Robert Weil on how it all started: ‘My parents came to Sweden from Germany as immigrants at the end of the 1930s; I think they held a temporary residence permit, backed by some form of economic guarantee that meant they could stay.

The plan was to emigrate to Palestine, and in the mid-1930s, like many other Zionists, they started preparing for this by pursuing an agricultural education in Denmark. However, when Denmark was invaded by the Germans, they ended up in Sweden to work as farmers. Like many other Jewish people, they took refuge in Dalarna, where the Zionist Chalutz movements were based during the war years.

My parents’ families had been broken apart during the 1930s. My paternal grandfather was forced to leave his position as head of Deutsche Bank in Munich as well as a number of board positions for some of Germany’s largest businesses. He emigrated to the USA where a large part of our family already lived. My maternal grandparents, however, remained in Germany and were deported to a concentration camp where they were later murdered. We still do not know when and where this happened.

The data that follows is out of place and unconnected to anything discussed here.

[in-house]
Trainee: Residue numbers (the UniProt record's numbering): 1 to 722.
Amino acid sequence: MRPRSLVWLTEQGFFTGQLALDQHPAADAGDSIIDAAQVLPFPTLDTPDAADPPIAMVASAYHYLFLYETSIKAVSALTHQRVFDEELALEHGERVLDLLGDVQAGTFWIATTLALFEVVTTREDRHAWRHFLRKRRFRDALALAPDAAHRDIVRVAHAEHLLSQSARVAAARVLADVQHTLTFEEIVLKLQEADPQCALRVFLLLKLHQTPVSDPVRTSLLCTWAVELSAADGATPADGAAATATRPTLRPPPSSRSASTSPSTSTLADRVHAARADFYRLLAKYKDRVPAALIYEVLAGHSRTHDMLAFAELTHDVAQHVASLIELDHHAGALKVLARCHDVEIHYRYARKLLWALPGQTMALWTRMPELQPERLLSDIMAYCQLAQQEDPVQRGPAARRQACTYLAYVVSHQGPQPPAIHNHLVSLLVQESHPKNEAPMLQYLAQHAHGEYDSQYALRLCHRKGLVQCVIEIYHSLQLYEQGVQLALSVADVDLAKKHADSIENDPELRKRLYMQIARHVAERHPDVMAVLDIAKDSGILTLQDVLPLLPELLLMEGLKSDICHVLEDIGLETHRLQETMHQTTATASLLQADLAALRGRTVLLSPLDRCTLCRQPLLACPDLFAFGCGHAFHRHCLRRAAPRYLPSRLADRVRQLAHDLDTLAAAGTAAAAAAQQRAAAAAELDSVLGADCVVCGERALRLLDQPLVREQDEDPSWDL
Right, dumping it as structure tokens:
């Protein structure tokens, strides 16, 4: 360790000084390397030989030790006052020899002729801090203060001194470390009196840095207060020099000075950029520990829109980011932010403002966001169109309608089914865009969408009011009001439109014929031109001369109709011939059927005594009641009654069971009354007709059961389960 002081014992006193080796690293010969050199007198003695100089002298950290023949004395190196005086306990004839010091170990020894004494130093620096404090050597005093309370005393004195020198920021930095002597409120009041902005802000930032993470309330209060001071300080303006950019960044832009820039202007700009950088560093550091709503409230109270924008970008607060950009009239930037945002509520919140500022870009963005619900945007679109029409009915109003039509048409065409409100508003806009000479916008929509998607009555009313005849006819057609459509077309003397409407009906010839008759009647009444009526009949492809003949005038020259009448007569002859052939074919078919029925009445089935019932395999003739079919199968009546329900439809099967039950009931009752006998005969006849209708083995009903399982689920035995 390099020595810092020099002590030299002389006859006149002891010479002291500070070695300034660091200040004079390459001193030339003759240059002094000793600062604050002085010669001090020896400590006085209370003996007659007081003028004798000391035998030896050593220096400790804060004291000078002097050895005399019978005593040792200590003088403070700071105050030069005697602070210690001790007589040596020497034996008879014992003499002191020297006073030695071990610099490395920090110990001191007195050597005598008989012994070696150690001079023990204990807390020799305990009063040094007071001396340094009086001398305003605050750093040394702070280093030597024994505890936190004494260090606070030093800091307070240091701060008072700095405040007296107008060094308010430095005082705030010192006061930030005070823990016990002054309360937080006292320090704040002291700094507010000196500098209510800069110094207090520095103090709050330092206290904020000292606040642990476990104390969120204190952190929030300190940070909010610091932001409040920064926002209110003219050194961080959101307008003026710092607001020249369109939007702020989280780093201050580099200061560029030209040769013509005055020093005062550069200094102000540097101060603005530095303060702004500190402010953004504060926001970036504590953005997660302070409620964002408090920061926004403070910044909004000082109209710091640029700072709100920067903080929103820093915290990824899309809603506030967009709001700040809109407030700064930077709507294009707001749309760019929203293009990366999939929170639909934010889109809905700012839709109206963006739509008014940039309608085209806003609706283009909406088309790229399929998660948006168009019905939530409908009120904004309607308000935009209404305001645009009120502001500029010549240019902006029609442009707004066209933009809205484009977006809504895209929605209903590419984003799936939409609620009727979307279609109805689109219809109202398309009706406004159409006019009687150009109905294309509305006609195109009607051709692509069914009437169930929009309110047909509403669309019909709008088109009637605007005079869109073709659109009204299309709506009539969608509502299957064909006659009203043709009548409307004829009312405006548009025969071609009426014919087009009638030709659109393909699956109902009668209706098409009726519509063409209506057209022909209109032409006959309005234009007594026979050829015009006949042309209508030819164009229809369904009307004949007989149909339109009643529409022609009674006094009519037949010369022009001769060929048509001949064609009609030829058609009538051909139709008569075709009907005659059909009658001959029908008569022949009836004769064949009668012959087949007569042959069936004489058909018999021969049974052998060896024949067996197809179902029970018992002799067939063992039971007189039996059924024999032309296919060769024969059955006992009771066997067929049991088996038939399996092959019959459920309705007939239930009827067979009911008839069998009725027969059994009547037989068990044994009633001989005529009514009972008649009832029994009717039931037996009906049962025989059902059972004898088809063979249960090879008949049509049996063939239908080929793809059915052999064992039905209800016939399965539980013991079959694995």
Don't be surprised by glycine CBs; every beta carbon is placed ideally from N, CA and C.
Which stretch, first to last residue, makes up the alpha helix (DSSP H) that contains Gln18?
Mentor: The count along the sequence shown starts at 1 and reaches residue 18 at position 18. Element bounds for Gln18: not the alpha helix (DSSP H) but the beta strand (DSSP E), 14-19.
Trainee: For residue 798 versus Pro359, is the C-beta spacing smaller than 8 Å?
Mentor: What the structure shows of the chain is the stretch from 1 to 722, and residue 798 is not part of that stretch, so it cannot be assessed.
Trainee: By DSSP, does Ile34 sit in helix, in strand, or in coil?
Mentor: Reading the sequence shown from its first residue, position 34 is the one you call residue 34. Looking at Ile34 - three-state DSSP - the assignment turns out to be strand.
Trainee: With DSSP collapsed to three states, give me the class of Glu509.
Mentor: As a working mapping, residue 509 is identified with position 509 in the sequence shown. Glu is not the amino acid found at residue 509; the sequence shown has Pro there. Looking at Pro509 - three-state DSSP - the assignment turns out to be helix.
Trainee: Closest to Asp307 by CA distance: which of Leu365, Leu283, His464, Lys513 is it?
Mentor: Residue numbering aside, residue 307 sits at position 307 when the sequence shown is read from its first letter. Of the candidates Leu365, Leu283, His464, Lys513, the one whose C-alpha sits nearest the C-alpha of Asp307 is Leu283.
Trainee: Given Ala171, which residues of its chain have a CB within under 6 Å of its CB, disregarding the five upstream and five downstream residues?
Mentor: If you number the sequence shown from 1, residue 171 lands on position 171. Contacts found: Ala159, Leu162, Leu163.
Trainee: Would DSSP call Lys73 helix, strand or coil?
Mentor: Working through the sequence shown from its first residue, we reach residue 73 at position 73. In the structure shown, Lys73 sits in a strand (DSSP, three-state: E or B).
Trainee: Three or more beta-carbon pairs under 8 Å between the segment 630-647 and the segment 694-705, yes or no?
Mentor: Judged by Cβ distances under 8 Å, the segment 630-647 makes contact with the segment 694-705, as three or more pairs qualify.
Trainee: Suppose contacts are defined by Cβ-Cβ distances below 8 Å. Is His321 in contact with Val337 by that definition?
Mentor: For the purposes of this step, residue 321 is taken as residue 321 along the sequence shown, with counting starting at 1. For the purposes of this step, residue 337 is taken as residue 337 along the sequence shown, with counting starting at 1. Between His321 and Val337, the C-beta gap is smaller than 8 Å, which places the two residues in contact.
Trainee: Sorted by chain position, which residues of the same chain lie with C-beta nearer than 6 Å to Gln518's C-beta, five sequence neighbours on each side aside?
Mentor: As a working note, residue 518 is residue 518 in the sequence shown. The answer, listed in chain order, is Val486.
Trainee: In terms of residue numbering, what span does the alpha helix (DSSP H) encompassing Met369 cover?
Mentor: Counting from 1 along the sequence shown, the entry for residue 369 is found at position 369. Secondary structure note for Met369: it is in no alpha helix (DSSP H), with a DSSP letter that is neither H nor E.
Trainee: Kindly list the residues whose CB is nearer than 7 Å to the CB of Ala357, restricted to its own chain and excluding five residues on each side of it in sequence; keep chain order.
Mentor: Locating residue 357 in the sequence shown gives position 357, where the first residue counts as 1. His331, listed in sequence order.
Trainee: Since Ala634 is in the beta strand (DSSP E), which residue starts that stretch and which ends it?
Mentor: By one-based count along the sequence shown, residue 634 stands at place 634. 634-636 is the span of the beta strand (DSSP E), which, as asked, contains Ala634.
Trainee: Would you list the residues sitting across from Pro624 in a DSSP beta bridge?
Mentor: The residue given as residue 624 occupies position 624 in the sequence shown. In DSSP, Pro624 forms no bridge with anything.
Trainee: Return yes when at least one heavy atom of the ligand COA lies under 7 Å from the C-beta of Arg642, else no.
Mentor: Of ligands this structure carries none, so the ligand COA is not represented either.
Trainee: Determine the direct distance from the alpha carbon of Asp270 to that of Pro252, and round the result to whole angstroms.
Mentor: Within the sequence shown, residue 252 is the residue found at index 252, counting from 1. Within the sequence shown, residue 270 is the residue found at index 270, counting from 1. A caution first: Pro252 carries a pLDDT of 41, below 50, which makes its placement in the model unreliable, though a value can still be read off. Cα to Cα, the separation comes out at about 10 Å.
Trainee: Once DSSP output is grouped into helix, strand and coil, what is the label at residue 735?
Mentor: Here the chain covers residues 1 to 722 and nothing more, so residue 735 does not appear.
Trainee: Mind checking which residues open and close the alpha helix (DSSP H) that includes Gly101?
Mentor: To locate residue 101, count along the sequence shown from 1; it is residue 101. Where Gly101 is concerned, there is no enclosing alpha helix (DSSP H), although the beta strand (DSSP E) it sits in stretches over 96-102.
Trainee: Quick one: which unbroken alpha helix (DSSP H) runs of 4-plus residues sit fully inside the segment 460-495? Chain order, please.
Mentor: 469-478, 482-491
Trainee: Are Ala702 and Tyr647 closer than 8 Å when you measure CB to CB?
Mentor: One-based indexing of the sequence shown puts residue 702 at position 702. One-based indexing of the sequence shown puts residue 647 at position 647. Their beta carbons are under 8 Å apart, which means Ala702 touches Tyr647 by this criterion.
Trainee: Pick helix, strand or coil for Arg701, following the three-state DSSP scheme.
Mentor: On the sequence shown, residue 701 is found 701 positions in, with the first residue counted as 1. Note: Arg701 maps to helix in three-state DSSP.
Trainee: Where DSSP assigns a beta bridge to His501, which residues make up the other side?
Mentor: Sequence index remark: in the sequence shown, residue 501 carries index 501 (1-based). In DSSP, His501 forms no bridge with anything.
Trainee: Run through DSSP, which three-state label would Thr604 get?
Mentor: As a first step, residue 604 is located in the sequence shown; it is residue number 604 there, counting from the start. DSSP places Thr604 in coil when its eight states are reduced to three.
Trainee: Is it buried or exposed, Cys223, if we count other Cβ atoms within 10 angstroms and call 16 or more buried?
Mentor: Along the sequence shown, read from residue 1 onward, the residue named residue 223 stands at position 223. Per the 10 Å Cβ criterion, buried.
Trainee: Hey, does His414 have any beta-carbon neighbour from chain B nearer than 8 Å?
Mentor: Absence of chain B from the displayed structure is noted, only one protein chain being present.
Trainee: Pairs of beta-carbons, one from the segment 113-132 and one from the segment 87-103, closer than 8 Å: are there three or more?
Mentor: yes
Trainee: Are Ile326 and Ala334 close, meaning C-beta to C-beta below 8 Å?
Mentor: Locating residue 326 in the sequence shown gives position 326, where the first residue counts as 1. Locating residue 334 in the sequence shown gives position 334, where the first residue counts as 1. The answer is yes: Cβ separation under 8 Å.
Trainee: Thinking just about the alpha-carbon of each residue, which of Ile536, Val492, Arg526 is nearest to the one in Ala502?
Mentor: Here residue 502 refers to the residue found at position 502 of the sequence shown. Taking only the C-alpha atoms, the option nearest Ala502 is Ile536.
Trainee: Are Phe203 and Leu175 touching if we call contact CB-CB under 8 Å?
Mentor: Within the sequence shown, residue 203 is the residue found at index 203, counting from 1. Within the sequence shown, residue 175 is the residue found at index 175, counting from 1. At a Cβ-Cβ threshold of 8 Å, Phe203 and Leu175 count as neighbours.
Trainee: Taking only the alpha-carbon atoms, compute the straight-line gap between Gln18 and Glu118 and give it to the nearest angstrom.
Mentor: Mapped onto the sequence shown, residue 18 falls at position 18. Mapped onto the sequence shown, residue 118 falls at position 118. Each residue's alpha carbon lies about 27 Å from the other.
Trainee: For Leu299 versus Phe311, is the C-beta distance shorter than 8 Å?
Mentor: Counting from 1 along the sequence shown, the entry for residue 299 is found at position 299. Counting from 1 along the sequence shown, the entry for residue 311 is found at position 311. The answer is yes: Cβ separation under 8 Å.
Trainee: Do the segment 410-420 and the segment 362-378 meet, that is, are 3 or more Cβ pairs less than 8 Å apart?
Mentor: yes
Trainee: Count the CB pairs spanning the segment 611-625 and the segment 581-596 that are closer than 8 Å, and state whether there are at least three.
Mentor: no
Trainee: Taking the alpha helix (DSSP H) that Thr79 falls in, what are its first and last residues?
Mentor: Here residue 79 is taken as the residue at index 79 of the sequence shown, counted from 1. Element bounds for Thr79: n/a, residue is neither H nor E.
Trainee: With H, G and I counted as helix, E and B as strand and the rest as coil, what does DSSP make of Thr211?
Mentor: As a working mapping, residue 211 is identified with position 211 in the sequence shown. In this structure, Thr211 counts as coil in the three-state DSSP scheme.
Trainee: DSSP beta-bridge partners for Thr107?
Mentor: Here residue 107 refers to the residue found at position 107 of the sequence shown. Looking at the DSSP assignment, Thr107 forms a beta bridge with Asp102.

My parents ended up settling in Sweden. After the war, they moved from Dalarna to Stockholm and started a company that manufactured curtains. They created an income stream that enabled them to set aside money to fund my future university studies out in the world.

In the early 1960s, when I was 14 years old, I developed an interest in assessing large Swedish companies. I compared these assessments with the German businesses on whose boards my grandfather had served, and I found differences that I could not understand at first. The values of the Swedish companies were exceptionally low in relation to the German ones, not more than around 20% of their own capital. The explanation, which took me a while to figure out, was that our politicians, unions and capitalists protected our industrial capital through regulations that made it impossible for any international capital holders to invest in Sweden and gain control of our companies. With that observation, and despite my young age, I convinced my parents to allow me to invest my educational funds in the stock market. This capital made it possible for me to become an investor, with the hope that my observation would eventually bear fruit. Indeed, my evaluation was that the assessments of the Swedish corporations would become more similar to those on the international markets once the regulations ceased, a natural step in an open and growing global capital market.’